Feb 222009
 

Pakistan will not be able to pursue a regional approach without a thorough review of its foreign and security policies. It needs to cultivate positive functional interaction with the Northern Alliance in Afghanistan. No doubt, the Tajiks and the Uzbeks are minority groups, but they have improved their bargaining power in Afghanistan

Pakistan’s civilian and military leaders appear to have realised that religious extremism and the Taliban militancy constitute a grave threat to the Pakistani state and society. This threat is not limited to the tribal areas and Swat/Malakand. It poses varying degrees of threat in other parts of Pakistan where local religious hard-line groups, encouraged by the success of the Taliban, often employ coercion to assert their religious and cultural preferences and suppress criticism.

Mediapersons have been caught in the crossfire between militants and security forces. They receive verbal threats regularly. Eight journalists have been killed on duty in militancy-hit areas over the last four years. The latest victim was Musa Khankhel, who was killed in Swat last week. The secretary-general of the South Asian Free Media Association, Imtiaz Alam, was attacked in Lahore while driving home at night. Earlier he had received threats for criticising the militancy.

President Asif Ali Zardari rightly said in an interview on February 15: “[The] Taliban [are] trying to take over the state of Pakistan. So, we are fighting for the survival of Pakistan.” Earlier on February 6 he said in Peshawar that the “militants would be resisted and defeated at all costs.”

The US and NATO also recognise the growing Taliban challenge to Pakistan. US Secretary of State Hillary Clinton in a statement on February 17 described religious extremists as a “direct threat to Pakistan”. US Special Representative for Afghanistan and Pakistan Richard Holbrooke remarked on February 19 that “the militants involved in 9/11, the Mumbai attacks and unrest in Swat have common roots.”

The current threats to Pakistan’s internal stability can be traced to the troubled situation in the tribal areas and Afghanistan. Though the problems of Afghanistan and Pakistan have respective local roots, they are also inter-dependent. Instability and violence in Afghanistan has implications for Pakistan’s tribal areas and vice versa.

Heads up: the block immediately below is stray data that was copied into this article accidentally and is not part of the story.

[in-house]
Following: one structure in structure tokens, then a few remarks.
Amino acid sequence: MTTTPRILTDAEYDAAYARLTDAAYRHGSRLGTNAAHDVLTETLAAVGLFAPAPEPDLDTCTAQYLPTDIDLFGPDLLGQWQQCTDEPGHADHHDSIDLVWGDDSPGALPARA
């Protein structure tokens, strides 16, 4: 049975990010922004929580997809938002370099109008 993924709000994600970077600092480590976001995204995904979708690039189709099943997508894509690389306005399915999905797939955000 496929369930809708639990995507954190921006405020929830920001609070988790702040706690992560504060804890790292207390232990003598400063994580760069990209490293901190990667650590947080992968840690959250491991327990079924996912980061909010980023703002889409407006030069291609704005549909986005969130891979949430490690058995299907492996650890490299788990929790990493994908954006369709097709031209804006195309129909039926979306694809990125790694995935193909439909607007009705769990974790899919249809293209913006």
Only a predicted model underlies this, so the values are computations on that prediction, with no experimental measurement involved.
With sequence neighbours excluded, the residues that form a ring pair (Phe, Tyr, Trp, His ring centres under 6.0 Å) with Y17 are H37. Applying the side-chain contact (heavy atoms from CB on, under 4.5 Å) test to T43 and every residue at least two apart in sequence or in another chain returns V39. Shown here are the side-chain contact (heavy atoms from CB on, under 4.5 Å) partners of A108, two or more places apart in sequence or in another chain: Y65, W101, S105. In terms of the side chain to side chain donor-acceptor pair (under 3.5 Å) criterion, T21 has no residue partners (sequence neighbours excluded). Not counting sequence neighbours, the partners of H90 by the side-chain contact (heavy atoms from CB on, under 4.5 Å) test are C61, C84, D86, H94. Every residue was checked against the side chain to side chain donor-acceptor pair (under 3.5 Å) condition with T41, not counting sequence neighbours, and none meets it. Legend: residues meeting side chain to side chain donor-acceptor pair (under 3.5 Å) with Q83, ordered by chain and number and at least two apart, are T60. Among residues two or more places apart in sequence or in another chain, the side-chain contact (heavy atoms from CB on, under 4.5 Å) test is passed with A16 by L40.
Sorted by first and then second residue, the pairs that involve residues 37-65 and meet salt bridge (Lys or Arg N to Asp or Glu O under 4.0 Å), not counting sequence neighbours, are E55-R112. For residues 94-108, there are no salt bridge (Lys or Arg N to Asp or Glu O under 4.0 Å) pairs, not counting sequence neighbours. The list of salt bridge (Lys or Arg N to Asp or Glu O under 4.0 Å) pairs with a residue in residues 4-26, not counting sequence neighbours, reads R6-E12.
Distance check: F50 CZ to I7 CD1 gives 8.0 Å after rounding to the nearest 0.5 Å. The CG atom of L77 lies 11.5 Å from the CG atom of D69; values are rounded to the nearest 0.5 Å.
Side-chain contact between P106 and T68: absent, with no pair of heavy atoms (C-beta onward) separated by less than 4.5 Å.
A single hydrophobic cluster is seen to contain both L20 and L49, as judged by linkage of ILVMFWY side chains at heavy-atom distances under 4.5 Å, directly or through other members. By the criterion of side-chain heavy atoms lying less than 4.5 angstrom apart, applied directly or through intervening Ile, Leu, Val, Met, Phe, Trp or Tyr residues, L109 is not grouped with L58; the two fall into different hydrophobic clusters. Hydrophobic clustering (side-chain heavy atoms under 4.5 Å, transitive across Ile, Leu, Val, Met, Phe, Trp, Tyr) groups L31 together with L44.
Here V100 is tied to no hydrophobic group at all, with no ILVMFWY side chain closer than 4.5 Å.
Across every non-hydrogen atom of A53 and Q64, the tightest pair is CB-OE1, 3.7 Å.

Any sustained effort to contain militancy in Afghanistan and Pakistan therefore requires a two-tiered approach: one dealing with the issues of poverty, under-development and alienation in the troubled areas of both countries; and the other dealing with overlapping issues of linkages between militant elements in Afghanistan and Pakistan and cross-border movement of people, equipment and funds. Another dimension of the outreach of militancy is the Mumbai attack of November 2008.

There are suggestions for the adoption of a regional approach, which calls for cooperative security measures to cope with extremism and militancy. States can also help each other address the socio-economic causes of militancy. President Zardari raised this issue with Ambassador Holbrooke in Islamabad. US-NATO policymakers have also toyed with this idea, especially against the backdrop of periodic disruption of US supplies transiting through Pakistan en route to Afghanistan and the Mumbai incident. The US is already considering two alternate supply routes.

The states that matter in this regional approach are Iran, Russia, China, India and the Central Asian states. These countries want to contain militancy, stabilise Afghanistan, and help Pakistan meet the challenge. However, these states also have individual agendas that do not necessarily harmonise. Therefore, any credible regional approach depends on the ability of these states, especially the US, to downplay or temporarily put aside their individual agendas.